Sin reports, “Apple declined to comment on Dickson’s actions, and he says they have never contacted him about it. Dickson told Reuters he has five to 10 sources in China who buy Apple prototype parts directly from factory-line workers, which are then sold from $250 to $500. His sources then send him photos and videos of the parts, which are posted under his name on his website and YouTube channel, which generate ad revenue.”
“While Dickson denies he is breaking any laws, experts are not so sure,” Sin reports. ‘He may not think or know he’s doing the wrong thing, but a court would say Apple is one of the most tight and restricted IT producers in the world, notorious for locking things down,’ said David Vaile, executive director at the Cyberspace Law and Policy Centre at the University of New South Wales in Sydney. ‘It’s also possible that generating ad revenue will open him to a wider range of offences.’ Dickson says he would stop if told to by Apple, where he has hopes of working one day. ‘I’m not doing it just to piss them off – I still buy their products.’”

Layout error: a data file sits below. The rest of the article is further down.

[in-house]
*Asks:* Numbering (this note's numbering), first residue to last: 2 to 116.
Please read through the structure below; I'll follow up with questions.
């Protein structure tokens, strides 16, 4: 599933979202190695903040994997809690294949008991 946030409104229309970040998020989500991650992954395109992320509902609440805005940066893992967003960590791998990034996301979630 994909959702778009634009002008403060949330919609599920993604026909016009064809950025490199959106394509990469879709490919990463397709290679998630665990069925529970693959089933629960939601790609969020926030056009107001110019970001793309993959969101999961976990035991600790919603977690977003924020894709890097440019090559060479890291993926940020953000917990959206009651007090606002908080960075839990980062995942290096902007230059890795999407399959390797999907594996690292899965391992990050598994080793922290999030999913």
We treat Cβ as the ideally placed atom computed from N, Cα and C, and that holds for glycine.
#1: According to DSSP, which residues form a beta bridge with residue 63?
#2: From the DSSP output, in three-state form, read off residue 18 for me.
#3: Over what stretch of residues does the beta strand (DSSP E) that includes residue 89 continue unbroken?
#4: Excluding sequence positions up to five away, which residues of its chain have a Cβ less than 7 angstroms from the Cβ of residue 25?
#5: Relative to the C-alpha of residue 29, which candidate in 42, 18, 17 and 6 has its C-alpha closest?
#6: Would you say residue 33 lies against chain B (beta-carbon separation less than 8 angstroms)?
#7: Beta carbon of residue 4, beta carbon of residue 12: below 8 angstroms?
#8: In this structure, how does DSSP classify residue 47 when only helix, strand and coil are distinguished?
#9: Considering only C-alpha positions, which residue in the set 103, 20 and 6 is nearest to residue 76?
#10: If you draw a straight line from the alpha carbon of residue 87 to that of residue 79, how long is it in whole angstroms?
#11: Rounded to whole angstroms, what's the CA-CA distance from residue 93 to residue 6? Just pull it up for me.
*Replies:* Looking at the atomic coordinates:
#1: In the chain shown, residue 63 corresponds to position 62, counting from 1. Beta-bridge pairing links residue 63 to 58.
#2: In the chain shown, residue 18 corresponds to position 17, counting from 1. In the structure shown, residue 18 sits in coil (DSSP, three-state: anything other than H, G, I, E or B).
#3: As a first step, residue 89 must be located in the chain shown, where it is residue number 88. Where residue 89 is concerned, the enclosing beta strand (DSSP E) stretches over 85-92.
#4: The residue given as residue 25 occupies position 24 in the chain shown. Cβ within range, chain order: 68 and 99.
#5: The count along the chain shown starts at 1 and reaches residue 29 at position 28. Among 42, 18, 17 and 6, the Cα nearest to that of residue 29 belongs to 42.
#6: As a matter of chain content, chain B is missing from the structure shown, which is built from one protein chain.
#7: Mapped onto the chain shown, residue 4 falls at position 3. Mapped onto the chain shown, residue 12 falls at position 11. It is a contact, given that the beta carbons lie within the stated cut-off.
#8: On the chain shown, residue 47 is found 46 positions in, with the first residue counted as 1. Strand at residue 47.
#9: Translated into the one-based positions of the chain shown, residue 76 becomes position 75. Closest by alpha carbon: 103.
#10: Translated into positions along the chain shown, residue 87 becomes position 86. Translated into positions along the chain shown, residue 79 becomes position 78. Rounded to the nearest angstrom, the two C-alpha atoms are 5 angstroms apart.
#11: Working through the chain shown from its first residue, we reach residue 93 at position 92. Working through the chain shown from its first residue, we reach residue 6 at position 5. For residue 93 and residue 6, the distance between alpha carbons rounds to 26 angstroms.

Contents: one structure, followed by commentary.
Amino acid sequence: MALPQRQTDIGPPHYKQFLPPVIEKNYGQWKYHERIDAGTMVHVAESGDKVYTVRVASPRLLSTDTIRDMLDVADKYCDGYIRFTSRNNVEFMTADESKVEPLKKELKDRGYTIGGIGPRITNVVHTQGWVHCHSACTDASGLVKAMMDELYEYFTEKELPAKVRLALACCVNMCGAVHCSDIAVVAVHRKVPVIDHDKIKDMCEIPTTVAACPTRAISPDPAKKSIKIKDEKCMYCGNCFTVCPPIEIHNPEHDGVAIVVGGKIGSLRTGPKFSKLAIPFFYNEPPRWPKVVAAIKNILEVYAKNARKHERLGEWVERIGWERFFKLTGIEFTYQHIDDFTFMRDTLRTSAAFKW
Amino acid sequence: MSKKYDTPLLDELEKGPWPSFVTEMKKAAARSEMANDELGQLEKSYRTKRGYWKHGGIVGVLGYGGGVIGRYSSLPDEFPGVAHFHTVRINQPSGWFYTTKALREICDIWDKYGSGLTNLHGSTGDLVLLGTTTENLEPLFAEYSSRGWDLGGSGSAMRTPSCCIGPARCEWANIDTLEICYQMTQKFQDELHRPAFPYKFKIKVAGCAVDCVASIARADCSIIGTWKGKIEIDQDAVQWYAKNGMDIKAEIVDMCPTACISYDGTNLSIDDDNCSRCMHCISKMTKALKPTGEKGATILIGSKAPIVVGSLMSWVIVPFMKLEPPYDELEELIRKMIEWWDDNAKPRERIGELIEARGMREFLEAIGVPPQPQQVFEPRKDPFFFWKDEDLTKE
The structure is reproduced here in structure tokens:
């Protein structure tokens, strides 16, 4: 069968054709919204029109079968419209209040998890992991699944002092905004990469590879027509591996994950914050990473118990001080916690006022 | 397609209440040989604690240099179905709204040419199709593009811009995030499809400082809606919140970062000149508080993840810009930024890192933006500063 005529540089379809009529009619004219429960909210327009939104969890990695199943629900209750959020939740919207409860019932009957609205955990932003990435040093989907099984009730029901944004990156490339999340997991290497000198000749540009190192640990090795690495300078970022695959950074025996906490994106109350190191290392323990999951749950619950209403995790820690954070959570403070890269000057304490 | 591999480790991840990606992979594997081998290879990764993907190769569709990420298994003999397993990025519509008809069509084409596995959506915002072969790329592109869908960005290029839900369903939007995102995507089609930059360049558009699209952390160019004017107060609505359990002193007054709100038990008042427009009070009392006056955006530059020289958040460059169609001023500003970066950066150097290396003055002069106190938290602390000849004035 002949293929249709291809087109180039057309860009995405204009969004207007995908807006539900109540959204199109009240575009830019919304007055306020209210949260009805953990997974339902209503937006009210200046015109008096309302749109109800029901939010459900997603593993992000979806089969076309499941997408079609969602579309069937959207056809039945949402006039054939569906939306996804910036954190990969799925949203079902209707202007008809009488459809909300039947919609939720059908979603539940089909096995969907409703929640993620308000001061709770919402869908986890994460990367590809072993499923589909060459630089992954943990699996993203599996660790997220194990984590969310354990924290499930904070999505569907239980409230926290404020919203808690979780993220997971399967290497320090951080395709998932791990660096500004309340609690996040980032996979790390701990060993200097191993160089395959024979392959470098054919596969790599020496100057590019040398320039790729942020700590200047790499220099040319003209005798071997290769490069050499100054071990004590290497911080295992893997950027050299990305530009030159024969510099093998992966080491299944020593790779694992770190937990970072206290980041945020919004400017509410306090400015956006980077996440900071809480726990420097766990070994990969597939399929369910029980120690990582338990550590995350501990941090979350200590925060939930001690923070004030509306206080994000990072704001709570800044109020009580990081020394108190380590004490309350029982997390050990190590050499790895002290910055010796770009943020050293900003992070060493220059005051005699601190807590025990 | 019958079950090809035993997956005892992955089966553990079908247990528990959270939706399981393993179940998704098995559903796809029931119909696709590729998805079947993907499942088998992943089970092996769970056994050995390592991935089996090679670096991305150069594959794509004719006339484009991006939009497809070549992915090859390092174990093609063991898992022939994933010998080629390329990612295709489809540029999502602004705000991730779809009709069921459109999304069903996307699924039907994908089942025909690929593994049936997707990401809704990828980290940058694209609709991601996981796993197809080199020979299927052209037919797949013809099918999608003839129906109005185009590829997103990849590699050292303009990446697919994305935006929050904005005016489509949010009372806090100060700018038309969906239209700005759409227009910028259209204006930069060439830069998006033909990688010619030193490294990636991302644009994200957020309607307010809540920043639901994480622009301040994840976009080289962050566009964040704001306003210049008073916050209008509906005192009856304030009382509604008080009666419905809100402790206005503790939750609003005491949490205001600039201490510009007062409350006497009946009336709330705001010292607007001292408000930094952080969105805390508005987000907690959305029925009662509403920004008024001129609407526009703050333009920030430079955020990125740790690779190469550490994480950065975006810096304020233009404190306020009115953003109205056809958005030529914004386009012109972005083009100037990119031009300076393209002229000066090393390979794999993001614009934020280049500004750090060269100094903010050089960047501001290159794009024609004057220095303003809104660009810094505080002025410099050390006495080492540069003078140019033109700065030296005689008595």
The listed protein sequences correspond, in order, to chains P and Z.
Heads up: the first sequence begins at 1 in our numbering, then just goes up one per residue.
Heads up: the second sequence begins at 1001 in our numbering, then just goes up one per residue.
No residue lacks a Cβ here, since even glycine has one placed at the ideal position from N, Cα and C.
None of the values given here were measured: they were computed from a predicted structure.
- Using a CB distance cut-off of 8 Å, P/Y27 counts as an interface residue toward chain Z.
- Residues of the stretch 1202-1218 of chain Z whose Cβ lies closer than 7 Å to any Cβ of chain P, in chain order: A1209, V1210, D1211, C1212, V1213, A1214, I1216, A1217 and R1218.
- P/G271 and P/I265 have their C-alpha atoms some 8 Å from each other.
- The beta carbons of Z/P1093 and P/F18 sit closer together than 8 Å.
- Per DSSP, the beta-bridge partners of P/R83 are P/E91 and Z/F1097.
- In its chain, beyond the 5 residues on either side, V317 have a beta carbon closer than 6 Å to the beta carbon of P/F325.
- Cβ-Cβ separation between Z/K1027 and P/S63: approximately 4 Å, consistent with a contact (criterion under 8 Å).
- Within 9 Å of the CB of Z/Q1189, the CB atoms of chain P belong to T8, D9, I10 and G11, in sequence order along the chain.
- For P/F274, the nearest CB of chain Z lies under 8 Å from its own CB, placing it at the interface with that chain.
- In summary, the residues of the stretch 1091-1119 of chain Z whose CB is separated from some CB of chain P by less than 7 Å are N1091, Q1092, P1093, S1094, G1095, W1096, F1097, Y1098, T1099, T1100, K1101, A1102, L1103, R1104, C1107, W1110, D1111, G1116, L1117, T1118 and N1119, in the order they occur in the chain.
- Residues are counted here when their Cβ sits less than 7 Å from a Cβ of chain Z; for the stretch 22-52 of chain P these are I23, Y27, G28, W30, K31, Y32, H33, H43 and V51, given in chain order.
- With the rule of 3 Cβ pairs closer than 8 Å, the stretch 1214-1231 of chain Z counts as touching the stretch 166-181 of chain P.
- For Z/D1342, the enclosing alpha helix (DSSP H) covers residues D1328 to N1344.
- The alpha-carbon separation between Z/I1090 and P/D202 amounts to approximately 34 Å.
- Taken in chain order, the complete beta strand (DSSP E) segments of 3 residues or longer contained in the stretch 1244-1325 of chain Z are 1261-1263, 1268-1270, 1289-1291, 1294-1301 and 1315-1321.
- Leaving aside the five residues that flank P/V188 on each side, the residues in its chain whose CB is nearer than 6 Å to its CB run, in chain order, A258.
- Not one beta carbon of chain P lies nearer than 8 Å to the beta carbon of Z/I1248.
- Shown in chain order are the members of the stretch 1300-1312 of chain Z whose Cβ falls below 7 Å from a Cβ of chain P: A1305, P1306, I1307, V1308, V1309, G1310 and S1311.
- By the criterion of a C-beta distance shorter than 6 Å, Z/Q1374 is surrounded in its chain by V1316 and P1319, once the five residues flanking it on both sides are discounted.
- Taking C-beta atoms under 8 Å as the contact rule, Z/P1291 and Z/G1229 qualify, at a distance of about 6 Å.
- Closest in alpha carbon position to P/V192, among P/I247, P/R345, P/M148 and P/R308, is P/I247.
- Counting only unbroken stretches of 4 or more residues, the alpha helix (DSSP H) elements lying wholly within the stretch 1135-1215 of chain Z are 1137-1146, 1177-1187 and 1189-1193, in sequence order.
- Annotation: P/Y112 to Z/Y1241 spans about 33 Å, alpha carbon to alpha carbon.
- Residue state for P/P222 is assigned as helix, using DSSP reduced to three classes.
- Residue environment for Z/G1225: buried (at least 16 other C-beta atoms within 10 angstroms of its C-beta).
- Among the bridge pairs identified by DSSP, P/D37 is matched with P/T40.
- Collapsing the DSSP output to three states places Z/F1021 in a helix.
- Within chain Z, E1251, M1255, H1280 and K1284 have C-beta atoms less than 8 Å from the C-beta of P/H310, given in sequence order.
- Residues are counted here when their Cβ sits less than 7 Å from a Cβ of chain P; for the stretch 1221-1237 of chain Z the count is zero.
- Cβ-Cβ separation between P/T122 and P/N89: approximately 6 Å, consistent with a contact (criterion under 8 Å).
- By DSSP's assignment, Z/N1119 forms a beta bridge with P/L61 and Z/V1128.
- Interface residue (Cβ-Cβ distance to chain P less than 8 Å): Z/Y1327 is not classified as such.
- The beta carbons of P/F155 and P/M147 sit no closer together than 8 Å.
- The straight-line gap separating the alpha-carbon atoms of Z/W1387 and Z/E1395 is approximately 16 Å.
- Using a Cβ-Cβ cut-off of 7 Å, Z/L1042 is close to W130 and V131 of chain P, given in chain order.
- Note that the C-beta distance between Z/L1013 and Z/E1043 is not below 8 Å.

Read more in the full article here.
MacDailyNews Take: Nick dePlume II.
ThinkSecret’s Ciarelli gains pro bono legal help in defense of Apple lawsuit – January 19, 2005
ThinkSecret’s Nick Ciarelli says he can’t afford to defend himself against Apple lawsuit – January 15, 2005
Harvard Student and ThinkSecret owner Nick Ciarelli faces Apple’s legal wrath over product ‘leaks’ – January 13, 2005
Stop the presses! Apple sues ThinkSecret over ‘Headless Mac,’ ‘iWork,’ and other rumors – January 05, 2005